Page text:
This dish of baby zucchini topped with spicy tomatoes, feta cheese and crunchy pumpkin seeds was so good that we had it as a main course one night and delighted in it as a side dish the very next night. I was sad when it was gone.

The “unprocessed” challenge
This week Sunday Supper is featuring recipes that forgo the weird chemical ingredients that no one can pronounce, using just whole foods in their mostly natural state, if you don’t count things like pasteurizing milk to kill the harmful bacteria or making cheese out of it. I guess technically those are “processed” but, as far as I’m concerned, that’s in a good way. Our host this week is DB from Crazy Foodie Stunts and he got his inspiration for this theme from Andrew Wilder’s October Unprocessed Challenge. Whether you are willing to take the challenge or not, I'm sure we can all agree that if we can't say the ingredient or spell it, we probably shouldn't be eating very much of it!

These zucchini with spicy tomatoes, on the other hand, we will be eating more often.

1 lb 2 oz or 510g baby zucchini
1 lb 2 oz or 510g ripe tomatoes
1 small onion (about 3 oz or 85g)
2 red chilies
4 cloves garlic
2 tablespoons olive oil
1 teaspoon smoked paprika
1 teaspoon sugar
3 1/2 oz or 100g feta (I like one that is made with sheep’s milk but use your favorite.)
1/4 cup or 20g pumpkin seeds

Cut the stems off of your little zucchini and then halve them lengthwise.

Chop your onions and tomatoes and mince the chilies and garlic.

Preheat your oven to 350°F or 180°C.

Heat one tablespoon of the olive oil in a non-stick skillet and fry the zucchini halves until they are browned nicely on both sides.

Put them in a baking dish in a single layer.

Add the other tablespoon of olive oil to the pan along with the onion, garlic and chilies. Sauté for a few minutes until they soften.

Add in the chopped tomatoes, the smoked paprika and the sugar. Cook for about seven or eight minutes over a medium heat until the tomatoes start breaking down.

Spoon the spicy tomatoes over the zucchini in the ovenproof dish.

Crumble the feta over the tomatoes and sprinkle everything with the pumpkin seeds.

Bake in your preheated oven for about half an hour.

It’s done with the feta is nicely browning and the dish is bubbling hot and brown all around the edges.


Check out all the great “unprocessed” recipes we have for you today!

Alluring Appetizers and Snacks
Stunning Sides
Enticing Entreés
Decadent Desserts

Sunday Supper MovementJoin the #SundaySupper conversation on Twitter on Sunday! We tweet throughout the day and share recipes from all over the world. Our weekly chat starts at 7 p.m. ET.

Follow the #SundaySupper hashtag and remember to include it in your tweets to join in the chat. To get more great Sunday Supper Recipes, visit our website or check out our Pinterest board.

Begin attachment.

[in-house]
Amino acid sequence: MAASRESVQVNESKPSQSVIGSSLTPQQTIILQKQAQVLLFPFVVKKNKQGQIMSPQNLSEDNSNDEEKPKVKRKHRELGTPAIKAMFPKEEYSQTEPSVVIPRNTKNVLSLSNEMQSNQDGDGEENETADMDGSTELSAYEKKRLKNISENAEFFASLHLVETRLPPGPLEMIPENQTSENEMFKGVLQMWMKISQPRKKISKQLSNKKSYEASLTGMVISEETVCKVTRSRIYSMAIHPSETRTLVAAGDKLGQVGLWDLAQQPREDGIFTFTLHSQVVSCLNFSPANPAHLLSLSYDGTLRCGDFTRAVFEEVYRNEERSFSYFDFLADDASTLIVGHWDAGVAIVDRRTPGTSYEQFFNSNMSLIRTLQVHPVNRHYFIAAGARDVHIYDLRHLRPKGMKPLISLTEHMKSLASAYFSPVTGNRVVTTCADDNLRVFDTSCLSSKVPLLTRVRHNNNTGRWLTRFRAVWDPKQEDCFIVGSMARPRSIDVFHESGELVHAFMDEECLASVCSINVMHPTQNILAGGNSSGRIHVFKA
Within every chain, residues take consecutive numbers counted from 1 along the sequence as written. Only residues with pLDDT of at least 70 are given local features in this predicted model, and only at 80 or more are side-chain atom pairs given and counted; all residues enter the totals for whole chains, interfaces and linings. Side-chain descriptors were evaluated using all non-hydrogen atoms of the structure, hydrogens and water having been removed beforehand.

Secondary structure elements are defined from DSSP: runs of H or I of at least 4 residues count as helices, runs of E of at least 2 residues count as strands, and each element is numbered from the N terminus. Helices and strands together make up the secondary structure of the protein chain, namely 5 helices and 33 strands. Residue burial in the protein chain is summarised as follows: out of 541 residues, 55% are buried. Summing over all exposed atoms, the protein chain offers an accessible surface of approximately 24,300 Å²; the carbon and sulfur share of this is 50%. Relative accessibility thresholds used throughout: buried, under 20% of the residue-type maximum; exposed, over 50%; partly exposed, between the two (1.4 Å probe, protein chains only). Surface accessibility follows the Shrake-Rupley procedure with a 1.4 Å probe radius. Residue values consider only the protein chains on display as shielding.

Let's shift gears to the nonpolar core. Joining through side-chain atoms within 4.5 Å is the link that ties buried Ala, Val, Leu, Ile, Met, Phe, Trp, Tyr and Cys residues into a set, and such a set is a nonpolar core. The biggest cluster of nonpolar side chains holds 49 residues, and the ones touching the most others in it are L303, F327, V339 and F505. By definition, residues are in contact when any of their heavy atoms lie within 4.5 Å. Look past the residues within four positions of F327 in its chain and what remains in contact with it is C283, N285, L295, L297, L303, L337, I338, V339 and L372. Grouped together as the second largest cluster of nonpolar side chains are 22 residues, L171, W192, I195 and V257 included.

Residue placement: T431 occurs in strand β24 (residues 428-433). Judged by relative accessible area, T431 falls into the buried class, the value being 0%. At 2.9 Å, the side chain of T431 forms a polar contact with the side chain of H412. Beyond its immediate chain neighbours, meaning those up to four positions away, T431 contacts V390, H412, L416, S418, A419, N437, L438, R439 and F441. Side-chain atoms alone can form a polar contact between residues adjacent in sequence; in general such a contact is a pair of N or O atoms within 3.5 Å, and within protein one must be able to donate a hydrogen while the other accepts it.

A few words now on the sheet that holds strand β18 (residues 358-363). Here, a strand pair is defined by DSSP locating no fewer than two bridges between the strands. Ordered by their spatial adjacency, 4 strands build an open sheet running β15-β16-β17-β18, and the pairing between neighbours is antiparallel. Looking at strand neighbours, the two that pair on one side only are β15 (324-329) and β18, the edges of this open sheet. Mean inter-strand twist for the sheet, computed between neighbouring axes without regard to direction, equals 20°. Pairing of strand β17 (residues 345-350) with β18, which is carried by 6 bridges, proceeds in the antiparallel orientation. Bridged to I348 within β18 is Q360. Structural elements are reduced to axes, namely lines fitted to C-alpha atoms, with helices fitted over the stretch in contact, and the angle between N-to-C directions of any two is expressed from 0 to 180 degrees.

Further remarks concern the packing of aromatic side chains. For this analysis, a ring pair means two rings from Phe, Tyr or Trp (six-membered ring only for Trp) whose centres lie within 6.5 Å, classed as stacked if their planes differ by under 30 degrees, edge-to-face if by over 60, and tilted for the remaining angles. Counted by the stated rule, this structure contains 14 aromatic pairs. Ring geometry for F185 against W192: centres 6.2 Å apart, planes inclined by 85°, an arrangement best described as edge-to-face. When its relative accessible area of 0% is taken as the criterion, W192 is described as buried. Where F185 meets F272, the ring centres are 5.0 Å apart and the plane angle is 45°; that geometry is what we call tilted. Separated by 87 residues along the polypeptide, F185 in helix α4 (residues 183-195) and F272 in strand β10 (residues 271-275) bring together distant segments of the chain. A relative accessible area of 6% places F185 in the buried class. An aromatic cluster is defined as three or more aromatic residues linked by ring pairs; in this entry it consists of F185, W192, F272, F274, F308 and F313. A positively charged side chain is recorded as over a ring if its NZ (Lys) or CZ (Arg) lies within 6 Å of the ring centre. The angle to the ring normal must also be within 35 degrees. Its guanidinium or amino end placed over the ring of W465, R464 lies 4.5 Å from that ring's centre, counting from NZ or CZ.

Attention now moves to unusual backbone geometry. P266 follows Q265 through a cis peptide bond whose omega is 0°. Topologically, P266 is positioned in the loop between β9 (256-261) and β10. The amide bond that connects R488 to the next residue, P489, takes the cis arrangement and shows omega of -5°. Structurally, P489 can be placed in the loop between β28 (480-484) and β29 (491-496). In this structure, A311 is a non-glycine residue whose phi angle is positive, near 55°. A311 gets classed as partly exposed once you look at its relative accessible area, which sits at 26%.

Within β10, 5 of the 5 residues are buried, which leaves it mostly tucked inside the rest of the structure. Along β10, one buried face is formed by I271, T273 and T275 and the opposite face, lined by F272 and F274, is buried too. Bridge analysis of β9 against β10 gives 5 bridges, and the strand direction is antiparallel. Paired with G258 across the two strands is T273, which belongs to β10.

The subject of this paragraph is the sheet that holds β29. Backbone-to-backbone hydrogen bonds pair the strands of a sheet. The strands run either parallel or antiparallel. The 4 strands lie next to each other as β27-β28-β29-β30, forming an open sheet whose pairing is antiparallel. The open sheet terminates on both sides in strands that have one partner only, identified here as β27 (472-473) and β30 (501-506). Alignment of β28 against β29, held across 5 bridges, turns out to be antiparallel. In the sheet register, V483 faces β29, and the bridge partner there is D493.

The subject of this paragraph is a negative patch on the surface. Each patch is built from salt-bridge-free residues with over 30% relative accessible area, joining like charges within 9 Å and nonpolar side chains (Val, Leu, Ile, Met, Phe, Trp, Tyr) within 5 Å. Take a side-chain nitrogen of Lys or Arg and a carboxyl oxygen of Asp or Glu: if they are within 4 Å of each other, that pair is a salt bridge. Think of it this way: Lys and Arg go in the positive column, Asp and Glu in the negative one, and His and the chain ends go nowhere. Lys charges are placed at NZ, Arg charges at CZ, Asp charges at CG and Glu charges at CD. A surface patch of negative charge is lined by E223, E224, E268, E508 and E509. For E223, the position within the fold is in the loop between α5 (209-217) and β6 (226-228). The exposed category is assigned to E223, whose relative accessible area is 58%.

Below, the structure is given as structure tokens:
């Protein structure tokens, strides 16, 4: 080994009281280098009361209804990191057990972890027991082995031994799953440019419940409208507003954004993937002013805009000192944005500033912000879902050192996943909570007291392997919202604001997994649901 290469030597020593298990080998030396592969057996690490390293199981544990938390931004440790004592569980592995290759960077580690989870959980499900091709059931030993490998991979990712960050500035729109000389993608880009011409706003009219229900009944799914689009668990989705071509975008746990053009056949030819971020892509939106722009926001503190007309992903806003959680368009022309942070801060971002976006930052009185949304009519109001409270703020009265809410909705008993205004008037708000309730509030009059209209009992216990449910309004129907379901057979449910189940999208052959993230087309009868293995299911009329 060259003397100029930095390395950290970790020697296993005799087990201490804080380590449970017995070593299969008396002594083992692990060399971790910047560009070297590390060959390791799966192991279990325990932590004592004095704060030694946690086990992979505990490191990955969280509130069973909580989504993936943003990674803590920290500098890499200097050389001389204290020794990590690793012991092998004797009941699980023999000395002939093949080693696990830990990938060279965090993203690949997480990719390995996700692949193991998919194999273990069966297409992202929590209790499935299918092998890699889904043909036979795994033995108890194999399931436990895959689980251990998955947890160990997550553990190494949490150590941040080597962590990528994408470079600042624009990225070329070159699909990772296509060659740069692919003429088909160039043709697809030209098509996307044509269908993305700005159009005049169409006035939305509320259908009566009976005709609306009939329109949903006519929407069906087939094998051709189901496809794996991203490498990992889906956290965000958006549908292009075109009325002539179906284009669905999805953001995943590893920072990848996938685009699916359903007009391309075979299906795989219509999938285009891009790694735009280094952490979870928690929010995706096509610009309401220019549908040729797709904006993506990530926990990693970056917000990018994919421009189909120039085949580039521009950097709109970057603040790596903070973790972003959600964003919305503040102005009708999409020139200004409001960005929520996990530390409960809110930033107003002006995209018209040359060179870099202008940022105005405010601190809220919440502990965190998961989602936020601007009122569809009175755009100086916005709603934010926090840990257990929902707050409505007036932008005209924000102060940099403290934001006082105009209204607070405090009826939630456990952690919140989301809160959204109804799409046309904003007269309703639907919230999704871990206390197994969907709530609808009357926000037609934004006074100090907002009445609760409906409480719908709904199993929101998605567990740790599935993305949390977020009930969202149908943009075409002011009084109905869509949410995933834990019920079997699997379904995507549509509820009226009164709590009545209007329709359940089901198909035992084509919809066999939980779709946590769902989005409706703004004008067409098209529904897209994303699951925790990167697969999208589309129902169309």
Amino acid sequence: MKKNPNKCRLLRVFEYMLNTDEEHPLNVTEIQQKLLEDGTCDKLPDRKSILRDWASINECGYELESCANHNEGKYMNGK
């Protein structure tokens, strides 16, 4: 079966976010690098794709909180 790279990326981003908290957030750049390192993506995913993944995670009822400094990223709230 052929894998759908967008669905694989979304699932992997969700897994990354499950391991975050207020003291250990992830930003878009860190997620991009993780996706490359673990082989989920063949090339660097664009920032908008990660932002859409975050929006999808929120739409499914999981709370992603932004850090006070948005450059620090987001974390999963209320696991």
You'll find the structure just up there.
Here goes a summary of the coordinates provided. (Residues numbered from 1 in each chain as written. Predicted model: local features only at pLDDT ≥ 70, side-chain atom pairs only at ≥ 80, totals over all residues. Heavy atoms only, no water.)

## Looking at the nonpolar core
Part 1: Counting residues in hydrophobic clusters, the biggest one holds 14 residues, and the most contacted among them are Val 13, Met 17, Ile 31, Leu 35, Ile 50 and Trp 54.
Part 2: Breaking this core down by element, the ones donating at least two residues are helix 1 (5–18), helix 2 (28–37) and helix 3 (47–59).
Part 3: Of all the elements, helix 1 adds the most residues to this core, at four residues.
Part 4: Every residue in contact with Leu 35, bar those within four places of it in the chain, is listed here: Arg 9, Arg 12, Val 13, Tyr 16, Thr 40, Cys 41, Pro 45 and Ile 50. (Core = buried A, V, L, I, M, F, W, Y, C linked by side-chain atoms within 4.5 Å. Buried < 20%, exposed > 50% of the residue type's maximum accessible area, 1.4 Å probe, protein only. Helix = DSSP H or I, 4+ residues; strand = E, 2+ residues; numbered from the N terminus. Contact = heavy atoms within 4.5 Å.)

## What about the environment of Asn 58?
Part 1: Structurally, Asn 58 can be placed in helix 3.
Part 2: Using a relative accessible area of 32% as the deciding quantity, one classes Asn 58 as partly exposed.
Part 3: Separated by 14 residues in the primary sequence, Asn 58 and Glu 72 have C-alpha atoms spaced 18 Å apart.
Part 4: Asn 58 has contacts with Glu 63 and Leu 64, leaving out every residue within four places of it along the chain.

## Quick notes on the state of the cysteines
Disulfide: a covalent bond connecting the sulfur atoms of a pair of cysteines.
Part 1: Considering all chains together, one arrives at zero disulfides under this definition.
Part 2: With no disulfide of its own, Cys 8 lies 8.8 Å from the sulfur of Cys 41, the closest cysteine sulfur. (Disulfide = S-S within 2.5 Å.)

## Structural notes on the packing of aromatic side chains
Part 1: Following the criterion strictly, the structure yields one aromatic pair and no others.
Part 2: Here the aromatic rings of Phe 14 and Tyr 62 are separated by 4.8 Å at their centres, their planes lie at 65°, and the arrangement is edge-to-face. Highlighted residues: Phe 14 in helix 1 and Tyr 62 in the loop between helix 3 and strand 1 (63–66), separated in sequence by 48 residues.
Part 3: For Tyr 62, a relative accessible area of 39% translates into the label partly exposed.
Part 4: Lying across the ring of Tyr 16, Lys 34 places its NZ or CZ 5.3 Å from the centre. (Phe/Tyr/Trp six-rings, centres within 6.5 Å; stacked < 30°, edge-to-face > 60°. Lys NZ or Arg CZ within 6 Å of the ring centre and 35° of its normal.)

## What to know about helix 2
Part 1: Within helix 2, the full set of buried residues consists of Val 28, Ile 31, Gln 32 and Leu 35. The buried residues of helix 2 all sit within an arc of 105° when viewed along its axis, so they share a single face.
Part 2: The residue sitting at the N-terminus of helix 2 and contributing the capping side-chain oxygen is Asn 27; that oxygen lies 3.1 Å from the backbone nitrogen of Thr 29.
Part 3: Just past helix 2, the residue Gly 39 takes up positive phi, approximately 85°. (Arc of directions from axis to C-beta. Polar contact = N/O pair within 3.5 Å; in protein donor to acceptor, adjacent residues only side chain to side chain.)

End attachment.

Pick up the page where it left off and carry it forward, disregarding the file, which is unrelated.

Would you like to join the Sunday Supper Movement? It’s easy. You can sign up by clicking here: Sunday Supper Movement.

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Monday, March 31, 2014

Pesto Feta Muffins for #MuffinMonday

These tasty savory muffins are a great use of leftover pesto if you have such a thing. I always seem to have a half jar kicking around the refrigerator. Use any cheese you have to keep the pesto company but I can highly recommend feta.

As you read this, I’ll be back on an Emirates 777, winging my way from chilly New England to already-summer-in-March Dubai with high temperatures reaching 90°F or 32°C. How blessed we are to live in the age of flight, even with the occasional tragic airplane crash. Before I left home on this trip to spend time with my daughters, I expressed this to a friend who completely agreed. In the old days of expatriate assignments, folks had minimum two-year contracts and the most efficient method of travel was a ship that might take weeks to get home again so home leaves were undertaken only when the work contract was up. The new non-stop Emirates Boston-Dubai flight takes about 13 hours. You eat, you sleep, you watch movies, you try desperately to sleep some more (There may possibly be some serious drinking of red wine in order to help the sleeping. Or maybe that's just me.) and you are there. See you all on the other side!

2 cups or 250g flour
1 teaspoon sea salt
1 tablespoon baking powder
2 eggs
1/4 cup or 60ml pesto (homemade or store-bought – I used Whole Foods brand 365)
1/4 cup or 60g butter, melted and cooled
3/4 cup or 180ml milk
1/2 cup or 3 oz  or 85g crumbled feta

Preheat the oven to 350°F or 180°C and either grease your 12-cup muffin tin or line it with paper liners.

In one big mixing bowl, add your dry ingredients: flour, baking powder and salt.  Set aside.

In small mixing bowl, whisk the melted butter, milk and pesto with your eggs.

Fold the liquids to the dry mixture, stopping when they are just mixed.

Fold in the feta.

Divide the batter between your prepared muffins cups.

Bake in your preheated oven for 20-25 minutes or until a toothpick inserted in the middle comes out clean.  Remove from the oven and allow to cool for a few minutes.

Remove from the muffin tin and finish cooling on a rack.


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Sunday, March 30, 2014

Pasta with Creamed Yogurt Peas and Feta

A simple one dish meal, big on flavor and so satisfying, this creamy pasta with peas and yogurt is topped with toasted chili pine nuts which add a pop of color and welcome hit of heat.